The National Weather Service prepared a website with a full account of the storm. Here are some of the key facts:
* The tornado, at its peak intensity, ranked a “4” on the Enhanced Fujita Scale , the strongest in St. Louis County for 44 years. That means peak three second gusts reached 166-200 mph.
* It reached this peak intensity just west of the airport where it devastated the community of Bridgeton
* Its damage swatch was as large as 200-400 yards wide
*The storm produced very large hail to baseball size
Watch this raw footage from a security camera inside Lambert airport as the tornado strikes (the most intense action is between 30 and 50 seconds)...
Here’s another video which shows a crowd of people, relatively composed (despite a few screams), as the tornado bears down on one of the waiting areas and they are evacuated.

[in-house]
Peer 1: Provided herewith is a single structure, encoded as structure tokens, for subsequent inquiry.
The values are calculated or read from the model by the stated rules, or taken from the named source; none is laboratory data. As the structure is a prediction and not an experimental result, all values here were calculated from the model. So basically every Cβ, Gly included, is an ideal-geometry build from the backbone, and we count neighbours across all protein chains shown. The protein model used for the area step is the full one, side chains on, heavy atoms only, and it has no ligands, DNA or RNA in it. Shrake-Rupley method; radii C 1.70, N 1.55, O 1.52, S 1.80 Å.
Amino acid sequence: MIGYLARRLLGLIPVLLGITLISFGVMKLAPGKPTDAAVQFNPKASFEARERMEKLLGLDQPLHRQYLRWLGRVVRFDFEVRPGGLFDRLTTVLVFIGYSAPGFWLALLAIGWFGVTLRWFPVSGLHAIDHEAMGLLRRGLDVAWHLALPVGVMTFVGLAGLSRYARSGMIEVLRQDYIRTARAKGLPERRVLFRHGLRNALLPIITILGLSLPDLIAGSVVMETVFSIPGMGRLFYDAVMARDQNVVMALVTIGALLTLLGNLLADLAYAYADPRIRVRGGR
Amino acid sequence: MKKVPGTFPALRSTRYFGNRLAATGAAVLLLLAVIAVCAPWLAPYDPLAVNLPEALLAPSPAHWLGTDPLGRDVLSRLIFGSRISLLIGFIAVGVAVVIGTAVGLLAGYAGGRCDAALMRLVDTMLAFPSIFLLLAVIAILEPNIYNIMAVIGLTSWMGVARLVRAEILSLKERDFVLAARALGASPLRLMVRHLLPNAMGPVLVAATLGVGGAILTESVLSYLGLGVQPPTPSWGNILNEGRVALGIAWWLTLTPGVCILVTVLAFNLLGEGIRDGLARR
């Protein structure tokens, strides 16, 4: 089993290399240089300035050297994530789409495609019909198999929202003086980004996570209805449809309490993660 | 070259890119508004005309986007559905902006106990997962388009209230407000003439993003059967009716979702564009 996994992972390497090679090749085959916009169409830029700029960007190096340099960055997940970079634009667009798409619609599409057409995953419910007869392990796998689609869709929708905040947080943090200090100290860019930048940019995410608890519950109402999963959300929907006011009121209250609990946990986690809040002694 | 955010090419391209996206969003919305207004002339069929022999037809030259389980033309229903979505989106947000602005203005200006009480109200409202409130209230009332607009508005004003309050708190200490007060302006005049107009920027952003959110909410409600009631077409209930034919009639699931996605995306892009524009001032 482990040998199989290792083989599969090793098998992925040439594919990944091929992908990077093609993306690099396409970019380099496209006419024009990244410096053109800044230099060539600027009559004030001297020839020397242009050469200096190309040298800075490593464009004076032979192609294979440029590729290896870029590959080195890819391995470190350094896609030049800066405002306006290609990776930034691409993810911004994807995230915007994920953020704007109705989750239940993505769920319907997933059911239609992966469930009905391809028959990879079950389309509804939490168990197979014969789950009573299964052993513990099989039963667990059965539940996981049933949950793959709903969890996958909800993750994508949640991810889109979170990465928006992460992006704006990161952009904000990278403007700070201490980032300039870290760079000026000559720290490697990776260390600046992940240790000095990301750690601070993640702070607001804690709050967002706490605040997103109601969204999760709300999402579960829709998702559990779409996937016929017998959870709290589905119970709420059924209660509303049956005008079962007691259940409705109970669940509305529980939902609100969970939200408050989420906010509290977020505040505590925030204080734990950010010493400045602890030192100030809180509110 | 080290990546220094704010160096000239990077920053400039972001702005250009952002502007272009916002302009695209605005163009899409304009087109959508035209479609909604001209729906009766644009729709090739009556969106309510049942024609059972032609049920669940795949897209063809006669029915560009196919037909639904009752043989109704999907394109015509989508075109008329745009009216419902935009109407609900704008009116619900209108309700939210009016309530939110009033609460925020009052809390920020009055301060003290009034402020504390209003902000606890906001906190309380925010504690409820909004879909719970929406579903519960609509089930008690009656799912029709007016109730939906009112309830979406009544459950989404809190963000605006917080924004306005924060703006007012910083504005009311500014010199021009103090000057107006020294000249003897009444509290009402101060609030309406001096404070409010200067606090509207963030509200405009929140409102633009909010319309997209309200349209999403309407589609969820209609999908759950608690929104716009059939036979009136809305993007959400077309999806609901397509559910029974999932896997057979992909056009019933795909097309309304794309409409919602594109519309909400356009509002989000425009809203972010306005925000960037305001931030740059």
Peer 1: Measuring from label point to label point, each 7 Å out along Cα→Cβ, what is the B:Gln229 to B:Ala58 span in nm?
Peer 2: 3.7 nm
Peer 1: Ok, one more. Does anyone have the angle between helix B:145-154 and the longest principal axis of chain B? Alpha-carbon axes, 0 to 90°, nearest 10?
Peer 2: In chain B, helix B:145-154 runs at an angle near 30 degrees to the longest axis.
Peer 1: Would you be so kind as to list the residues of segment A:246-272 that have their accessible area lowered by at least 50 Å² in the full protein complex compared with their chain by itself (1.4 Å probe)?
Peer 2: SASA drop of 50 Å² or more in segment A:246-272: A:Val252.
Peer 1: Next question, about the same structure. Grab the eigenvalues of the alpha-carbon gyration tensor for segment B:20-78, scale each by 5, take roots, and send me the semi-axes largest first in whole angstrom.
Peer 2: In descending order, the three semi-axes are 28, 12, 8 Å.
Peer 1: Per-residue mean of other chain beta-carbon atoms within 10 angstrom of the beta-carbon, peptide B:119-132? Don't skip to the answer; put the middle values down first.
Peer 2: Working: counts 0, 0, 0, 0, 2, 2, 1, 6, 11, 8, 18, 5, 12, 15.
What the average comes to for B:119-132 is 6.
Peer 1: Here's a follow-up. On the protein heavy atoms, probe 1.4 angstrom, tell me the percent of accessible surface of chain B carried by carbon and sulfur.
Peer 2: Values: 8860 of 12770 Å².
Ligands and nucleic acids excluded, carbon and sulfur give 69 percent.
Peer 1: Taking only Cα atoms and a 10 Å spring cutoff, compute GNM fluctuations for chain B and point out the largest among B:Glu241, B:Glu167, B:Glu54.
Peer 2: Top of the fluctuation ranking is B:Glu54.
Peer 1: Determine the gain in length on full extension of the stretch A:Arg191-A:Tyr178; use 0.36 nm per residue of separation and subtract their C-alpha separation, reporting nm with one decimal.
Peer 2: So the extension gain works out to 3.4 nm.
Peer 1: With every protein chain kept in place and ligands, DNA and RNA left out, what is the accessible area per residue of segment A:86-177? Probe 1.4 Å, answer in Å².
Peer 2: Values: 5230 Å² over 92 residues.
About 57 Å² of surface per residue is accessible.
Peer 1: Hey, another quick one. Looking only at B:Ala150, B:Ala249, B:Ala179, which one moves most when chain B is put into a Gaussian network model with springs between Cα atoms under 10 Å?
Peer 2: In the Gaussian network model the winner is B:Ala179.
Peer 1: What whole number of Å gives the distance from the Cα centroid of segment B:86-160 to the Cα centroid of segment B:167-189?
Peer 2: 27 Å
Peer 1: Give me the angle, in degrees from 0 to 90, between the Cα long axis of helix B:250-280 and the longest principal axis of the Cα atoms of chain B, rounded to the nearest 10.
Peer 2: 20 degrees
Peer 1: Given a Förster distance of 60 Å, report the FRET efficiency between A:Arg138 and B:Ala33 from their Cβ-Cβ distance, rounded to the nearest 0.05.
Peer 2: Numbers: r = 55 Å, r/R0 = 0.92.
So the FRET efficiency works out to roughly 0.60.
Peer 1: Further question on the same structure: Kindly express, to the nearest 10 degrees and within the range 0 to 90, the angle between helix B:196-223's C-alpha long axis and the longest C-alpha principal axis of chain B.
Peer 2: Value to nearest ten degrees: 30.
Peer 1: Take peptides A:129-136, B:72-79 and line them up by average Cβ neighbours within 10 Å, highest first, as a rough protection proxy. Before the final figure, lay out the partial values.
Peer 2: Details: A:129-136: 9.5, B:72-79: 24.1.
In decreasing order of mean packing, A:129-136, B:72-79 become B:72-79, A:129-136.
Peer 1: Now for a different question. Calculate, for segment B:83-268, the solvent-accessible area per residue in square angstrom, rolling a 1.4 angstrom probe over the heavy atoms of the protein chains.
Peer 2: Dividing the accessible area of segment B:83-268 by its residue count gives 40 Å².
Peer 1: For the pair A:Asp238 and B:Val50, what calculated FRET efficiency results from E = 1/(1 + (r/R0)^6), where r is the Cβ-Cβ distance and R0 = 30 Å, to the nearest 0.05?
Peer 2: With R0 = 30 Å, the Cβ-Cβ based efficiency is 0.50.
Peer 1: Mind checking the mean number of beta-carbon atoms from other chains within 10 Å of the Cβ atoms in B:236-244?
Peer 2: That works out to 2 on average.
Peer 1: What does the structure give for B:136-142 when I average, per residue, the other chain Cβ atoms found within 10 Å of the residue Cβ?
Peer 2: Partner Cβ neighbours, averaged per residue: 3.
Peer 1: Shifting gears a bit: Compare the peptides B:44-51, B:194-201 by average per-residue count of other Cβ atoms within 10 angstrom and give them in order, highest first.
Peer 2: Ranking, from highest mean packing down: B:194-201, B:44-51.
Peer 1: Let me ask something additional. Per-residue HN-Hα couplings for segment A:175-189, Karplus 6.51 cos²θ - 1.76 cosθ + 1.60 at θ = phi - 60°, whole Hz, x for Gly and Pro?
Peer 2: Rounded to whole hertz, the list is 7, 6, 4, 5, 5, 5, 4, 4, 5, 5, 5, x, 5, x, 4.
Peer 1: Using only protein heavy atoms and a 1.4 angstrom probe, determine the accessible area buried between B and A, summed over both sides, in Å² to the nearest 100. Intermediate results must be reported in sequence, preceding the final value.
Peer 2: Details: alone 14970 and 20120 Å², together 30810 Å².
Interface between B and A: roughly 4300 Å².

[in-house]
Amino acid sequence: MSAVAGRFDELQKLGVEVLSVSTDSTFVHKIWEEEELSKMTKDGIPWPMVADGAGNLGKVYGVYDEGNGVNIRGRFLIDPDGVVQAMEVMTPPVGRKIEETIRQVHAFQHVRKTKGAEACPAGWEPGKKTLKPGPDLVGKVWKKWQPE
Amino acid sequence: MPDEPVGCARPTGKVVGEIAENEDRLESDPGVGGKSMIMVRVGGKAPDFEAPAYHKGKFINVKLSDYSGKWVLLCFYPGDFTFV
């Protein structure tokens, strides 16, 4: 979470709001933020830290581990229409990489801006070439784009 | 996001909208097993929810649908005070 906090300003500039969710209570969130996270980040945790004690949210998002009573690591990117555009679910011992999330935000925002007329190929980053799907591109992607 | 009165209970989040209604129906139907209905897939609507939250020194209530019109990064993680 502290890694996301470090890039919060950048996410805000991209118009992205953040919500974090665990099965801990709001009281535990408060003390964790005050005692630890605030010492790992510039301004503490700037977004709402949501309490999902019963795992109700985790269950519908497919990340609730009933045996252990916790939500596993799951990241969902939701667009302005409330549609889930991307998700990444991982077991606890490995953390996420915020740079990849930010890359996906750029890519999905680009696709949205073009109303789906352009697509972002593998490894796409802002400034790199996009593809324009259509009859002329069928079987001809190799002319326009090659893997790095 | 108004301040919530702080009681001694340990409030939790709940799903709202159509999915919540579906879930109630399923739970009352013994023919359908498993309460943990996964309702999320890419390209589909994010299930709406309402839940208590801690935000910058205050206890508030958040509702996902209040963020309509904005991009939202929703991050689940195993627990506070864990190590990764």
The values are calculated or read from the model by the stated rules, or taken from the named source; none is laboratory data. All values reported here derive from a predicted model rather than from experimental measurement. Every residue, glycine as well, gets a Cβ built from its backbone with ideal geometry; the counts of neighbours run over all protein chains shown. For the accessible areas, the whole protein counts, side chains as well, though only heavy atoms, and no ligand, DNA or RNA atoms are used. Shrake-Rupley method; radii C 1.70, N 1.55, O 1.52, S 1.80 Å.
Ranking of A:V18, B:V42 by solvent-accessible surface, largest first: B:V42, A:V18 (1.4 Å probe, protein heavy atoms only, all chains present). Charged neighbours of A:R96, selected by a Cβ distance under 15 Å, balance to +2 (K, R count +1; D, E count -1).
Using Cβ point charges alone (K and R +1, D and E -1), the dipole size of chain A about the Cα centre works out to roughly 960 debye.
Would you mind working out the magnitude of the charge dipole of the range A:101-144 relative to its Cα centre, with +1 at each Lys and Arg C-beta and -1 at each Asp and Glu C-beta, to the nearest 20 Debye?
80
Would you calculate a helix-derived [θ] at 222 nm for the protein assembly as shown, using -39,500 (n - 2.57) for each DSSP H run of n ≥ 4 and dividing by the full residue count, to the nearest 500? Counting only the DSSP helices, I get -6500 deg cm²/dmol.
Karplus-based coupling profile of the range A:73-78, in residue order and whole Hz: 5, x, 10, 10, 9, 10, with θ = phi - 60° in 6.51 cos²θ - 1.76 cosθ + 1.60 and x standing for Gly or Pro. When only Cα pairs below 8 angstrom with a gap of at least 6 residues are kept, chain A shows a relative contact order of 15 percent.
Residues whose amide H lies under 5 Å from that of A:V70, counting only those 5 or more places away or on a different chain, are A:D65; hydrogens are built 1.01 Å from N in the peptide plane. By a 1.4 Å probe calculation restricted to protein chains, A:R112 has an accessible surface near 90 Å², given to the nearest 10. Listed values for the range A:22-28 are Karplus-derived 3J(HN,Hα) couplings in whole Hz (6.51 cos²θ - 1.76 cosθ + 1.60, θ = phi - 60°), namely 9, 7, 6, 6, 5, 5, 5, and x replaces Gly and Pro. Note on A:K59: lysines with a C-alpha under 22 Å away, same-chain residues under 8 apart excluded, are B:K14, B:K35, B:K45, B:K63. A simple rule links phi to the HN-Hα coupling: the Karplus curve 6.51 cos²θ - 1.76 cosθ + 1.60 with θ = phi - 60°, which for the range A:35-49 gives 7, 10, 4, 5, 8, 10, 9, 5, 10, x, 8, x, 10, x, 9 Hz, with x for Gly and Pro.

Below is the radar image of the storm northwest of St. Louis. The left panel displays the characteristic hook-shape echo on the radar, frequently characteristic of tornadoes. In that same image, at the point of the hook, you see a white-colored area of extreme high reflectivity which is the radar detecting the debris lofted into the air by the tornado. On the right panel, you see what we call a “velocity couplet” where the green and red areas are next to each other: Where it’s green, wind is blowing toward the radar, and where it’s red, wind is blowing away from the radar - suggestive of strong rotation where the red/green intersect.
Here’s an image of a hailstone from the tornado-producing thunderstorm...
The last image I’ll post is a before and after picture of a road in Bridgeton, Missouri, where the storm demolished a number of homes.
All of this damage notwithstanding, the most remarkable aspect of the tornado is that no lives were lost, nor were there even any serious injuries. That’s especially true when you consider the twister was wrapped in rain and difficult to see (video). The Associated Press attributes this “miracle” to early warnings, good timing, and common sense ...